It happens to the best (worst?) of us. Armed with a list of friends and family and coworkers and whomever else we happen to be generous enough to buy holiday gifts for, we make our way through rowdy, grasping crowds of shoppers and people dressed as elves and those tireless perfume-spritzers. We are determined, self-righteous, with a strong sense of purpose. We are Christmas shopping! Our eyes light upon the perfect gift for Rick, or Marlena, except, oh, man, you know who that gift is really perfect for? Ourselves. And so we buy one for Rick, one for Marlena, and one for ourselves. Or we forget about Rick and Marlena (because this gift is sort of expensive; we'll find something more affordable for those two, they're not even really close friends) and just buy the thing, take it home, and love it forever—or at least for a day or two until the regret sets in—because it is exactly what we wanted.
If you have not done this (I did this this very weekend), you are a better shopper than most of us, according to a piece by Joseph B. White on the Wall Street Journal's Corporate Intelligence blog. (Did you know it's just two weeks until Christmas? Buy something for yourself, now!) Market research company NPD Group Inc.'s chief industry analyst Marshal Cohen says that "self-gifting" is "a prime driver of shopping grown this year," and that, according to surveys, while 12 percent of shoppers bought gifts for themselves during the holidays in that long-ago time before the recession, and last year 19 percent of shoppers were self-gifting, this year “already we have seen 32 percent of consumers who have self-gifted.”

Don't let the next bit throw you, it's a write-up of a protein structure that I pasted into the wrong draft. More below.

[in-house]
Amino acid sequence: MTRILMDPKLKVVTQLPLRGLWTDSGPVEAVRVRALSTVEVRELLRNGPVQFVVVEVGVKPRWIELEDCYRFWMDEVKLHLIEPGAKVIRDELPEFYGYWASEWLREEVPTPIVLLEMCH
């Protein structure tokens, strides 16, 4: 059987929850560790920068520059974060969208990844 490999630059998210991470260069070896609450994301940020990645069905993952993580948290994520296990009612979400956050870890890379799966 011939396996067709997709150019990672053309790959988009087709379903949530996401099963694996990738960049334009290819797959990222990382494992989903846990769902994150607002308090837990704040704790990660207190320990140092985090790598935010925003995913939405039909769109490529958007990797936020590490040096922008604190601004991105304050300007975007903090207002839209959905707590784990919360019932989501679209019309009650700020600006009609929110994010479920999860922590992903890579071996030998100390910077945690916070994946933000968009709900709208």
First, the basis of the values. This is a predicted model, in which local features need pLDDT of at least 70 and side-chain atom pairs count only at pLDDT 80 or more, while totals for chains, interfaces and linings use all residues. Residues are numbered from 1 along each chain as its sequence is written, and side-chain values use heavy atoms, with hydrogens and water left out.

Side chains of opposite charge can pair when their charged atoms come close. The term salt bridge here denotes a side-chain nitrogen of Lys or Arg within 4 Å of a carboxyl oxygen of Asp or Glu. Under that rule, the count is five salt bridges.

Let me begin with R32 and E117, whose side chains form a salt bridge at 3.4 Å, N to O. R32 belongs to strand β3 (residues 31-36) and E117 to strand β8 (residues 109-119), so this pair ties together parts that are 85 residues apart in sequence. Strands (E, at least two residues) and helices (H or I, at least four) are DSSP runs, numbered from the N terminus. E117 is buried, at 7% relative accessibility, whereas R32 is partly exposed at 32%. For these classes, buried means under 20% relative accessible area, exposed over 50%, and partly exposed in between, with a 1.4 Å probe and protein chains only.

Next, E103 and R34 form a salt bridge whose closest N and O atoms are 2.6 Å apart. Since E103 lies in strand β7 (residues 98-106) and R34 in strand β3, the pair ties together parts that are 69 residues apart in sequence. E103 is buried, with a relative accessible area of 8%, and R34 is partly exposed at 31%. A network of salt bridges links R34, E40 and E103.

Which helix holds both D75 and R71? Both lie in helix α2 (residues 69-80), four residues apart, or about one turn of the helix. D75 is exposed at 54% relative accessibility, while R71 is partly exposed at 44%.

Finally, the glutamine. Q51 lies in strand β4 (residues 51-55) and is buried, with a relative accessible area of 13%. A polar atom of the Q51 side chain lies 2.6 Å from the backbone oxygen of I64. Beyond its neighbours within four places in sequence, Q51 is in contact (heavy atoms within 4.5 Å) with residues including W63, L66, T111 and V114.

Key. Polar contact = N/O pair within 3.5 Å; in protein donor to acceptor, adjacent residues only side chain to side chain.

Also, according to White's stats from the National Retail Federation, "consumers are expected to spend the most on non-gift items in the survey’s 10-year history. Six in 10 shoppers (59.0%) plan to spend an average of $139.92 on 'self-gifting' this holiday season." So you're in good/deplorable company!
Blame the Internet. Blame Black Friday. Blame the encroaching lack of morals and increasing self-absorption condemned in this modern age. Blame marketers and merchandisers wanting to entice you with the best deals ever. Is it really O.K. to shop for yourself when you should be shopping for others, even if there are really, really, good deals? Oh, well, let's leave off questions of etiquette and "morals" for another day. This is all about efficiency, really. Cut Santa out of the equation, no need for a middle-man here. Plus, economic stimulation! We're all doing our part, with no need to return an ugly sweater or a book we've already read, because who in the world knows what you want and need more than you do? That's right: No one. How holly-jolly.
Image via Shutterstock by Alliance.
This article is from the archive of our partner The Wire.
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